Review: The Brothers Lionheart – Bröderna Lejonhjärta (1977)


The Brothers Lionheart – Bröderna Lejonhjärta (1977)

Directed by: Olle Hellbom | 103 minutes | adventure, family, fantasy | Actors: Lars Söderdahl, Staffan Götestam, Allan Edwall, Gunn Wållgren, Folke Hjort, Per Oscarsson, Tommy Johnson, Jan Nygren, Micha Gabay, Georg Årlin, Bertil Norström, Mats Andersson, Ulf Håkan Jansson, Aksel Erhardtsen, Bengt Brunskog, Bodil Lindorff Lone Rode, Erno Müller, Göthe Grefbo, Per-Axel Arosenius, Björn Strand, Lars Nyberg, Egil Holmsen

The Lionheart Brothers, after the famous book by Swedish author Astrid Lindgren, is one of her most unconventional stories. After all, themes such as chronic illness, death and the afterlife are unusual subjects in books for young children. Despite that, or perhaps because of that, the book is very popular. Olle Hellbom, who already filmed many of Lindgren’s adventures, directed ‘The Lionheart Brothers’ five years before his death in 1982. A totally different product from his earlier films, here no frolicking children in the lovely Swedish landscape, like the ‘Bolderburen’ or ‘Zeekraai’ films, but an exciting adventure, with battles with soldiers and a creepy dragon.

The main character is Karel Leeuw, affectionately referred to as Kruimel by his older brother Jonatan. Karel is seriously ill and hears in the beginning of the film that he will die soon. The boy is completely idolized of his hero Jonatan, who soon proves that he deserves this adoration by saving his brother’s life in a fire. This will be fatal for him. Consumed by grief, the weak Karel dies after a few days. Fortunately, the two meet again in the mythical realm of Nangijala. For a moment the two brothers are very happy, but when Jonatan tells his brother about the evil Tengil, who tyrannizes the neighboring Bramendal, the carefree life is quickly over. Jonatan decides to leave the peaceful Kersendal to end Tengil’s rule. Karel remains behind in the Kersendal, but one night when he is called in a dream by Jonatan, he makes the courageous decision to follow his brother. This is the beginning of a series of exciting adventures, in which the brothers more than once demonstrate their bravery and go to war against the evil of Tengil.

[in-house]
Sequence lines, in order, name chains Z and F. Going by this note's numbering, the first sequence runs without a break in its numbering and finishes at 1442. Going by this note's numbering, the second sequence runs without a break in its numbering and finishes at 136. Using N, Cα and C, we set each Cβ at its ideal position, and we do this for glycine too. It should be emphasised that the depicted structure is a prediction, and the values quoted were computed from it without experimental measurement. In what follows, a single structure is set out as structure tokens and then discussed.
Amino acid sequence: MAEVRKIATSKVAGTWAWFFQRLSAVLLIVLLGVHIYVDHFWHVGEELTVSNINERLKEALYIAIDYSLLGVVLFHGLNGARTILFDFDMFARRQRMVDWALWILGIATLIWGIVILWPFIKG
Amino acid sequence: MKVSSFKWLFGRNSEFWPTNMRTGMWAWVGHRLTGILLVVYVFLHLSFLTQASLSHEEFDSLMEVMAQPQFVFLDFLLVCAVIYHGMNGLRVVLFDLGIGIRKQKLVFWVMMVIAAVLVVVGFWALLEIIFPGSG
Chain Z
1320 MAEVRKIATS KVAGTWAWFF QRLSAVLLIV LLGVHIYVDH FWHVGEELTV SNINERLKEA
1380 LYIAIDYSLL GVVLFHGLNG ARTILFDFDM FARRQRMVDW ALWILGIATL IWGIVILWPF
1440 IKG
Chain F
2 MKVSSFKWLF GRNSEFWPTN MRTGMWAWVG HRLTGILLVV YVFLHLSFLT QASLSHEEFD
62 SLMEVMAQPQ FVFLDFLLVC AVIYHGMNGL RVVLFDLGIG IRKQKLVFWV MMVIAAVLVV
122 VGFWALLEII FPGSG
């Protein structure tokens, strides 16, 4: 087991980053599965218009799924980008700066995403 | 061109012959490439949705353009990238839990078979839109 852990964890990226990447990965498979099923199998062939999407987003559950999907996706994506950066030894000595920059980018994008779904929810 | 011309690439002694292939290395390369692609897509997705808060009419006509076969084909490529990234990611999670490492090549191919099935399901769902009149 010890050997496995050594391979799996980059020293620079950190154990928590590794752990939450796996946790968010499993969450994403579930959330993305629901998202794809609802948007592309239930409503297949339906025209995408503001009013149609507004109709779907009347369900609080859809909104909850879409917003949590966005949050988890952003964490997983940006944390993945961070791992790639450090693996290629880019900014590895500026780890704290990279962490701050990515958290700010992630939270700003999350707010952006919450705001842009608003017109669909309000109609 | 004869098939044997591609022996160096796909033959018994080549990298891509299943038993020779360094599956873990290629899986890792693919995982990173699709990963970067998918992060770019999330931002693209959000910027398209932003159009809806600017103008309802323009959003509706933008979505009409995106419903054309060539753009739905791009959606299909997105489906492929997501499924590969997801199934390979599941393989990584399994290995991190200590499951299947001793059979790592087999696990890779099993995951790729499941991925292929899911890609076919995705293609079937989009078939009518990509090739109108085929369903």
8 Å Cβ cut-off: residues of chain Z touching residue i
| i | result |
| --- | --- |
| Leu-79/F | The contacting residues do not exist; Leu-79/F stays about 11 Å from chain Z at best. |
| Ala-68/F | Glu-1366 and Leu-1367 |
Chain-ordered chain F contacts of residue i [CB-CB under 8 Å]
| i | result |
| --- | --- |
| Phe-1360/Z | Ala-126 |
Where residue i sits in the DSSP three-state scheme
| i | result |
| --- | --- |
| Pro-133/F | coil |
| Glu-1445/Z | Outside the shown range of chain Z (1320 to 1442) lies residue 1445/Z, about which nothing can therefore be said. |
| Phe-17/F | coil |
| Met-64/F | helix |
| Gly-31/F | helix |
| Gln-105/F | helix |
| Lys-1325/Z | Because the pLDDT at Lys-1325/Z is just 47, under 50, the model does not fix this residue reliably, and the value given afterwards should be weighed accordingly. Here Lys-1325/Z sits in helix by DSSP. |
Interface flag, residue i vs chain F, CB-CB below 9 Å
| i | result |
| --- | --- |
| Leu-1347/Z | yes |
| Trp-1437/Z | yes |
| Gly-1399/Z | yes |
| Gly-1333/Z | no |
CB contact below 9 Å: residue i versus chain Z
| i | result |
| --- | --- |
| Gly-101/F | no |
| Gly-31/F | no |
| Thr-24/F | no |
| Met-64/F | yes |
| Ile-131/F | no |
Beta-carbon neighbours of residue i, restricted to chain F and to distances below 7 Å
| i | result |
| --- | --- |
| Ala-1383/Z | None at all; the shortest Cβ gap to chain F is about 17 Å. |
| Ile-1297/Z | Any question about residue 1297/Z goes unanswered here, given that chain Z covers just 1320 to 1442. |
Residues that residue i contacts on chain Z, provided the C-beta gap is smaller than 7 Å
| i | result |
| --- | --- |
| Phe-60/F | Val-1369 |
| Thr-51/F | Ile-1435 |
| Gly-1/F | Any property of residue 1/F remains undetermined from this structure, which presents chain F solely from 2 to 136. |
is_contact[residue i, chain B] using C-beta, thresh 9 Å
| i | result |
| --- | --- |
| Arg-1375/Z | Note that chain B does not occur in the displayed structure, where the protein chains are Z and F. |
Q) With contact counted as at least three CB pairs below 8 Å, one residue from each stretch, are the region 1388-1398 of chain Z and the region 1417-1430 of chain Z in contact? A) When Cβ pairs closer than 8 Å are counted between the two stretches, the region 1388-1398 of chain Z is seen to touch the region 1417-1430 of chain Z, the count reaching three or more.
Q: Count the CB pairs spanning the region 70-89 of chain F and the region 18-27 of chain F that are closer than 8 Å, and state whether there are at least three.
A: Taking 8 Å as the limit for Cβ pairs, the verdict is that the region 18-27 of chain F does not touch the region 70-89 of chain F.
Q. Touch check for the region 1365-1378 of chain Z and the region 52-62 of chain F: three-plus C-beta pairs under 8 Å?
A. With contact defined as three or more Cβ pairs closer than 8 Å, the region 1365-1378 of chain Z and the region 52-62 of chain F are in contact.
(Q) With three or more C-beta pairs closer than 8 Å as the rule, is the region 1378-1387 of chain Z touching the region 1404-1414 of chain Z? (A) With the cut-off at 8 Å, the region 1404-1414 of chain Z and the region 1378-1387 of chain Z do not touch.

The young actor Lars Söderdahl in the role of Karel is especially convincing, so it is this character that will melt the hearts of the viewers. Compared to his lifelike performance, the acting of his screen brother Staffan Götestam looks a bit pale, but that doesn’t really disturb, because Karel is the central character. In addition, the other most important role, that of Mattias, is played by the Swedish top actor Allan Edwall, who again puts in an excellent performance. His interpretation of the character from Astrid Lindgren’s book is perfect and completely believable. The budget of the film should of course not be compared with that of major Hollywood productions. This is visible in various scenes, where the actors are clearly projected in front of a screen. It is also as clear as a log that the dragon Katla is fake. This makes it much less terrifying than in the book. But luckily, more is suggested than that the monster actually comes into the picture. Suggestion is also a frequently used tool in the film, making the film also suitable for younger viewers (from the age of seven or eight). Although people regularly die in the film, this is never explicitly depicted and the fights are not too violent either. However, the film is exciting until the last scene and partly thanks to the unusual ending, ‘The Lionheart Brothers’ will remain in your mind for a long time. That’s why you like to take for granted that the film lacks an expensive appearance.

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